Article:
Letter to the Editor: Why City Council Special Permit Granting Authority (SPGA) is a Bad Idea

Note: This letter was written for submission to the Cambridge Chronicle by ABC member Seth Zeren, a City Planner with experience working in a town where Special Permit Granting Authority was administered by elected officials. We reprint it here to help you become better informed about this complicated proposal. Click here to take action against designating the City Council as the exclusive special permit granting authority for Project Review Special Permits.

Dear Editor:

The City Council is discussing a zoning petition filed by Councilor Dennis Carlone that would take the authority to grant special permits from the Planning Board and give it to the City Council. I understand that some are frustrated with recent decisions made by the Planning Board; with 90 years of hindsight, few in the planning profession would suggest that the typical Planning Board process is perfect. There are many ways that we could improve it—for example, requiring early community meetings before a developer spends hundreds of thousands of dollars on a complete design, or making better use of online forums to expand the number of voices who can weigh in on projects.

I have worked for a municipality where the legislative branch had taken on the power of granting special permits. The system was so problematic that there were active attempts to move away from it. The underlying problems were:

  • It increased the politicization of development. Project approval become even more about appeasing the loudest neighbor on the block, rather than meeting the boarder interests of the City. Developers call on each Councilor, one by one, asking “can we make a deal.” Political insiders have more power to control development, backroom deals will shape projects, and approvals will be more piecemeal—Instead of comprehensive, as advocated by the new Master Plan initiative.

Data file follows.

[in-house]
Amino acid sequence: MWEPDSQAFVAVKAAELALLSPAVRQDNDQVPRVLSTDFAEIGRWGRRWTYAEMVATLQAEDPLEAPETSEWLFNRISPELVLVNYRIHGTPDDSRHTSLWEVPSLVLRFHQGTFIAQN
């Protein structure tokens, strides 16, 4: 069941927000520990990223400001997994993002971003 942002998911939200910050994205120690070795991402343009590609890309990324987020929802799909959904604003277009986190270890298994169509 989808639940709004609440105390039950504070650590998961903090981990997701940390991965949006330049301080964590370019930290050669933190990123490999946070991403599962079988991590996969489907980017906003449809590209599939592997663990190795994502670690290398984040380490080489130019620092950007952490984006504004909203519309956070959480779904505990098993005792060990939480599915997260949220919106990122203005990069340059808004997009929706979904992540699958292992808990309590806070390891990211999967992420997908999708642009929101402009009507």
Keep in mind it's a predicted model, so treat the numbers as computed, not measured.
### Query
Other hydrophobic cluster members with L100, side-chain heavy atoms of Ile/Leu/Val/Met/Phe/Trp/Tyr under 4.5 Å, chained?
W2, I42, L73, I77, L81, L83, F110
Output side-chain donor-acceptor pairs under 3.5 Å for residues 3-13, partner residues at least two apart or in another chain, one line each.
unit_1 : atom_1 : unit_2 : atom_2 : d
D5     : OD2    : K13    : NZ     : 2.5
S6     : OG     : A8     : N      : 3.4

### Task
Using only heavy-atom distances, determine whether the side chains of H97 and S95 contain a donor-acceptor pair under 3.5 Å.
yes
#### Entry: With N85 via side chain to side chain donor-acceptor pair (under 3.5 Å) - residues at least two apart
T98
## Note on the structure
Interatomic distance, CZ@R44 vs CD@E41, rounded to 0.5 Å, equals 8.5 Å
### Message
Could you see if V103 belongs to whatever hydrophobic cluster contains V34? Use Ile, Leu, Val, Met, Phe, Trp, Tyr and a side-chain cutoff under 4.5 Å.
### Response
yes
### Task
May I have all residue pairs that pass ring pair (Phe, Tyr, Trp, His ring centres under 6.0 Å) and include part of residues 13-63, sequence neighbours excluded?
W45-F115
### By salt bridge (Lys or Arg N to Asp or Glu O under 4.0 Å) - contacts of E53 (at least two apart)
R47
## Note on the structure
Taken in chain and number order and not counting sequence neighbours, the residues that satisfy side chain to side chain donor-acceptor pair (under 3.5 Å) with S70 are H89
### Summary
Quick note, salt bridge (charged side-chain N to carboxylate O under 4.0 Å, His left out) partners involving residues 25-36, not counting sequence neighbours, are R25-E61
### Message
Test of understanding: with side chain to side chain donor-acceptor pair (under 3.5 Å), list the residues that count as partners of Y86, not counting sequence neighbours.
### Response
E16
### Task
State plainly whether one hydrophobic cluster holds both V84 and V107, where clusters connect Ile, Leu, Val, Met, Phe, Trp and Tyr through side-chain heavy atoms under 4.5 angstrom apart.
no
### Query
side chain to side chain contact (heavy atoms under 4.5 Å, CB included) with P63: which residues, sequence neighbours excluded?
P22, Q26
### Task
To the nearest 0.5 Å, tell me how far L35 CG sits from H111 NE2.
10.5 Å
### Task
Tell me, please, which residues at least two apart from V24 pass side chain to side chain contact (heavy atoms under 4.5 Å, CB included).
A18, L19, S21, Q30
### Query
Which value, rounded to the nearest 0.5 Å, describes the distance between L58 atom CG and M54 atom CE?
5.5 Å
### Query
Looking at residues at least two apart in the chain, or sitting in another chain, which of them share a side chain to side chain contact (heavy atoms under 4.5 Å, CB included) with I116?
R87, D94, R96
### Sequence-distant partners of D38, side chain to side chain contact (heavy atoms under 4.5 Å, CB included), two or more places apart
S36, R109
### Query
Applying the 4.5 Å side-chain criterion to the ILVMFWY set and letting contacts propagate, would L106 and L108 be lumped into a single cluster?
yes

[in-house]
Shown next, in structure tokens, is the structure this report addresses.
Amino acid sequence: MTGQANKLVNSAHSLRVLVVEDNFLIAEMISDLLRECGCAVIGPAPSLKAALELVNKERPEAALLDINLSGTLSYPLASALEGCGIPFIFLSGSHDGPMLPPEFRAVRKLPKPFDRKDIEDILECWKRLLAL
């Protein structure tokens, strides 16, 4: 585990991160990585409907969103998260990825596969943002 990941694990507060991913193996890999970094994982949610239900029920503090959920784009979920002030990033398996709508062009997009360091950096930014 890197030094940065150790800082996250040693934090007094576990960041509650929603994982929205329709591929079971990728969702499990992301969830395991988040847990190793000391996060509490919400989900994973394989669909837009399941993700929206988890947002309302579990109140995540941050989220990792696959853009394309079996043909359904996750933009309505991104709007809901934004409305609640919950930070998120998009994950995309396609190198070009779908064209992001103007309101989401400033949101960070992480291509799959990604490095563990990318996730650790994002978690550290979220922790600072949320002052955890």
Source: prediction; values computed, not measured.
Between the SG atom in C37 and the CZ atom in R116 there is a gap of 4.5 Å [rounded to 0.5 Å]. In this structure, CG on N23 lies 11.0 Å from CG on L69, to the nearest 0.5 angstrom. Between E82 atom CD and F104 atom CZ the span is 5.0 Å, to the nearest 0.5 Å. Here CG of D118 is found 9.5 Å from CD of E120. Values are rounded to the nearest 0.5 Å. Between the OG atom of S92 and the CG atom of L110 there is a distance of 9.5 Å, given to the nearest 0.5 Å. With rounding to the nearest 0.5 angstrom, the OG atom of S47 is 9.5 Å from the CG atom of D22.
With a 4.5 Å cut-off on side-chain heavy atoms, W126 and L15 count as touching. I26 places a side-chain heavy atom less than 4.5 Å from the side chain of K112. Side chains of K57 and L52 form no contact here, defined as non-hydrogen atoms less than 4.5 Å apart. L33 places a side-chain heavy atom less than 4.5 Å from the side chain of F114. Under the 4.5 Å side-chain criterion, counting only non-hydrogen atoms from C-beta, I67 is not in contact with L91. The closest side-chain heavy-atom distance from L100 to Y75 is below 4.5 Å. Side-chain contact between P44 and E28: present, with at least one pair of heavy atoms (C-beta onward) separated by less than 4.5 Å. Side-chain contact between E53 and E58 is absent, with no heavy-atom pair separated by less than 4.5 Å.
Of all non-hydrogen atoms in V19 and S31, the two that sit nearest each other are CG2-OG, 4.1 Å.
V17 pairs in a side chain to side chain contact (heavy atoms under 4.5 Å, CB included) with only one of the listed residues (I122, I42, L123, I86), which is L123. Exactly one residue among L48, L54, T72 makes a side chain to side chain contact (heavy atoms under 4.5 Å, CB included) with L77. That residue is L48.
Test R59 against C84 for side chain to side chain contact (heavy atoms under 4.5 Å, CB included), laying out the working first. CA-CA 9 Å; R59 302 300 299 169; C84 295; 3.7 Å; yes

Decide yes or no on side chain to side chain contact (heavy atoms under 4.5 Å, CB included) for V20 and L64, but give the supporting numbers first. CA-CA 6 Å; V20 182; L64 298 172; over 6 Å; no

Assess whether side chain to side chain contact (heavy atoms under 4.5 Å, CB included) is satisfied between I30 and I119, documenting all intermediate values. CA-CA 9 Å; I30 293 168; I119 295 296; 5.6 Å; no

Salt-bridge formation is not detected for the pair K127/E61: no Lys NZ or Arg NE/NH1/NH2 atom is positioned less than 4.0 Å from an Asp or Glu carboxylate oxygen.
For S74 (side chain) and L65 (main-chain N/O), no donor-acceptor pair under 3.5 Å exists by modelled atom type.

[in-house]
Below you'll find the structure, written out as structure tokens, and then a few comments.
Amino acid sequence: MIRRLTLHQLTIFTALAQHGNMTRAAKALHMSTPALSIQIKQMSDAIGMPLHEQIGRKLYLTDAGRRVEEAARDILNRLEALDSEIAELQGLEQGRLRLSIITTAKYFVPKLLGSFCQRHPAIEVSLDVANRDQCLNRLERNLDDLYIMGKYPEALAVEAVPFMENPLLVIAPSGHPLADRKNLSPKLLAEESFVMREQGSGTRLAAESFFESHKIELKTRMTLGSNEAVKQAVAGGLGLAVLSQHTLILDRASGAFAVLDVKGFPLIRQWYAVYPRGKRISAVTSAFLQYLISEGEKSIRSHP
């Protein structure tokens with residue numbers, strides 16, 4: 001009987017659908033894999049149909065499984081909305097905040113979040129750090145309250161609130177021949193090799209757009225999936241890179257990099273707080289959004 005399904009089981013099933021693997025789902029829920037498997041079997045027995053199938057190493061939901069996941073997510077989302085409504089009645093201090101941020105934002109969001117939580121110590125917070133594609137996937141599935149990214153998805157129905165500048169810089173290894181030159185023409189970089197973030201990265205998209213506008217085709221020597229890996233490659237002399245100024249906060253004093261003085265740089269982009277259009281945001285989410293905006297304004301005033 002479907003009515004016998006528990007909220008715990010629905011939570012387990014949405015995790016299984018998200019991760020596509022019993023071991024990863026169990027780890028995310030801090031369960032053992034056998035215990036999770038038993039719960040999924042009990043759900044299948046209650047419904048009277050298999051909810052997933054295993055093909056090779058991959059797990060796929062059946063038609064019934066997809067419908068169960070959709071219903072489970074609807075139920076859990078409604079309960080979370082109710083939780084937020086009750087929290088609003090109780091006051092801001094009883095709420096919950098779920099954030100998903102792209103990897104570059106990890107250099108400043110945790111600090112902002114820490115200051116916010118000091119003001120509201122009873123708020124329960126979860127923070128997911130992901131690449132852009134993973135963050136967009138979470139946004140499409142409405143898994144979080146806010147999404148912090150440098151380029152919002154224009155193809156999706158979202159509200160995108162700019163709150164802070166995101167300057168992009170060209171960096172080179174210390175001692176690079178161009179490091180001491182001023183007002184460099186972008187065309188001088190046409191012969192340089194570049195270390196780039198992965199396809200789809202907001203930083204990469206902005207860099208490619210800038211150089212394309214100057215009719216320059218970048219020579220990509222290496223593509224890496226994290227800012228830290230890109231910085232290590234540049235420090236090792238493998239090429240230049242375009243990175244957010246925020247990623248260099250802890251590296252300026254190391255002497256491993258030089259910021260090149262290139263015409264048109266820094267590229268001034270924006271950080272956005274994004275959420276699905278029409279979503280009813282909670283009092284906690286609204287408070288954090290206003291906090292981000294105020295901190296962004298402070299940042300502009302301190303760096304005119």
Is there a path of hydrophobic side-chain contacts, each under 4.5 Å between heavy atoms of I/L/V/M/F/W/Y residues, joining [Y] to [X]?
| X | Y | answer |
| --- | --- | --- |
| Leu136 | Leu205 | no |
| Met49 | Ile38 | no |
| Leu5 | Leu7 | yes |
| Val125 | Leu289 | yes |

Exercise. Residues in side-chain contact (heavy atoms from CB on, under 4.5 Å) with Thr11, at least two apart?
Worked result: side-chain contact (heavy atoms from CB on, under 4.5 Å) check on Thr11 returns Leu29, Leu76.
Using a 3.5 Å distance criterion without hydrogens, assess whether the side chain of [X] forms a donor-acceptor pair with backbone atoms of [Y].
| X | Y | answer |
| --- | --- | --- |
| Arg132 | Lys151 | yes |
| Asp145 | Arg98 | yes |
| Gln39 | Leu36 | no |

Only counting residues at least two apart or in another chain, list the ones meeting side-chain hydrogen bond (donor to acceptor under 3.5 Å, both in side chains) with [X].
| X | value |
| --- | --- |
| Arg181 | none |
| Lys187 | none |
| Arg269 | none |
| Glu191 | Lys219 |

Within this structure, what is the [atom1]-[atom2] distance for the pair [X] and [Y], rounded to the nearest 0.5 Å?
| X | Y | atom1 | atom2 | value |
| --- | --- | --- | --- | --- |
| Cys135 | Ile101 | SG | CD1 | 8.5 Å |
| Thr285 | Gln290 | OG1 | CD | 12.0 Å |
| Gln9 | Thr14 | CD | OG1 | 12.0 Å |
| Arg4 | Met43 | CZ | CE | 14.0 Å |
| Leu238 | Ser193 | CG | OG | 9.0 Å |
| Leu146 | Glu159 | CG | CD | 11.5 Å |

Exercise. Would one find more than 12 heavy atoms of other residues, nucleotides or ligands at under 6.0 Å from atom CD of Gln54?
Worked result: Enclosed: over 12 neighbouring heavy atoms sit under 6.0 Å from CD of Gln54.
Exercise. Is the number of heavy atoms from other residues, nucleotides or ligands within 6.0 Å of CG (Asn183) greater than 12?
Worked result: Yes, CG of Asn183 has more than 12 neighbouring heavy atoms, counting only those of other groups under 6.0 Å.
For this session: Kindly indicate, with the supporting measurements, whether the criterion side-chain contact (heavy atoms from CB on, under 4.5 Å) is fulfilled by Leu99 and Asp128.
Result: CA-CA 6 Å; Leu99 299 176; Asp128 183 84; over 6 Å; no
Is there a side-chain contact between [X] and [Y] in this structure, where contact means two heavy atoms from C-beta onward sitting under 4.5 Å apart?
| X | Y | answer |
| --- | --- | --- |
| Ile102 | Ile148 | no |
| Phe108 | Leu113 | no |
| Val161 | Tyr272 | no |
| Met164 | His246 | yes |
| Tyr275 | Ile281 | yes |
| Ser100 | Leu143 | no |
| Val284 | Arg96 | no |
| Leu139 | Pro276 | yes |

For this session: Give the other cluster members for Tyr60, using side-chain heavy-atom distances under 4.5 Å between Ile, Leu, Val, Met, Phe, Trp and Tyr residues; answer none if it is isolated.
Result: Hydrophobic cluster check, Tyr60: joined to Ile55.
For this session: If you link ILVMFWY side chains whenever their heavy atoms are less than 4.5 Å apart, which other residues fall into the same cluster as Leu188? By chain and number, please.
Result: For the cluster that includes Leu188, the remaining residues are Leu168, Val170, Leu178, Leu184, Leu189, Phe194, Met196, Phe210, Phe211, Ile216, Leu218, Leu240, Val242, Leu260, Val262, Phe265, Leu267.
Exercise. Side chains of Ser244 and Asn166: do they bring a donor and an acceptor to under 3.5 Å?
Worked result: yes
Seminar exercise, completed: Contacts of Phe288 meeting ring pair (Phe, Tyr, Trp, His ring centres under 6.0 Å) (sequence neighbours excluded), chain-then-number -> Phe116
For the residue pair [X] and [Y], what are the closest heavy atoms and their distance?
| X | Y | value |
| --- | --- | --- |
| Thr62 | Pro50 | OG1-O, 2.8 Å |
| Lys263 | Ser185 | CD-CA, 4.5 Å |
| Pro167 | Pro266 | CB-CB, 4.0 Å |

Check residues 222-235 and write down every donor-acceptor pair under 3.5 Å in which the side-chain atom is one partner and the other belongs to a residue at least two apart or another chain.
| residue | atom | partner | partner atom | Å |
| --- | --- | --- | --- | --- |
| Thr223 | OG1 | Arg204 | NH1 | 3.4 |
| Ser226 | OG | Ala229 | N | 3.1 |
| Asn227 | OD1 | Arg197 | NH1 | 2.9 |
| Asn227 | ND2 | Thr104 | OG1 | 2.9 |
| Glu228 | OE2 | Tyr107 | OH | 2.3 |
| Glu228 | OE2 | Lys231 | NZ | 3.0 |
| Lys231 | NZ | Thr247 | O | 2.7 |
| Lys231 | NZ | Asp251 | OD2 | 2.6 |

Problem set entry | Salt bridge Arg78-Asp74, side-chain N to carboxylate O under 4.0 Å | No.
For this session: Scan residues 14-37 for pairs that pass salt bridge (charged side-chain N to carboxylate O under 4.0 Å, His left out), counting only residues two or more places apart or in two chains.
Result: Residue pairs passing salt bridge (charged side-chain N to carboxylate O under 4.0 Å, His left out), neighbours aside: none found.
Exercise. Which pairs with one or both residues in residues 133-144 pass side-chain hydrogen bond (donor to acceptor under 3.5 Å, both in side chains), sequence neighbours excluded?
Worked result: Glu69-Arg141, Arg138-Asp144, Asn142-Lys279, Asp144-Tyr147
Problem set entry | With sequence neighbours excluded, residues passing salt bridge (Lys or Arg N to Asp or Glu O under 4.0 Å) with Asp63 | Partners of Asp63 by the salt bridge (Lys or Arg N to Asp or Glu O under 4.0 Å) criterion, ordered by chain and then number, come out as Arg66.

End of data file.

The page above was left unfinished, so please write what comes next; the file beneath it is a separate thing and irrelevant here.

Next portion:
• City Councilors are not experts in development, zoning, or planning, making them less able to review the fine points of a proposal or to evaluate the tradeoffs in the design. Project review can take up an incredible amount of time—time that could be better spent on improving the zoning ordinance or championing a new master plan. The membership of the Planning Board should have the skills to more effectively review projects, facilitate meetings, and hold all parties responsible to their agreements—where that is not the case, by all means, let’s adjust the membership of the Board.
  • The overall process of development becomes less certain, for neighbors as well as developers. Uncertainty weeds out many small developers and pushes projects to be ever larger because only a large project can cover the overhead of years of wrangling over permits.
  • Once you’ve got the power to control development, and please the most passionate neighbors (and voters), it’s really hard to give it up—even if it has negative effects on the City as a whole.

The City Council already has the ability of to guide development by amending the Zoning Ordinance and setting the City’s policy vision. Rather than approving this proposal, the Council should take steps to improve our existing process and focus on studying how we can slow the rising cost of housing to retain low and middle income families. There are many ways that changes can be made to the planning process without turning every major development into a political football that will be subject to political pressure of special interests groups—whether those groups are developers or residents.

Seth Zeren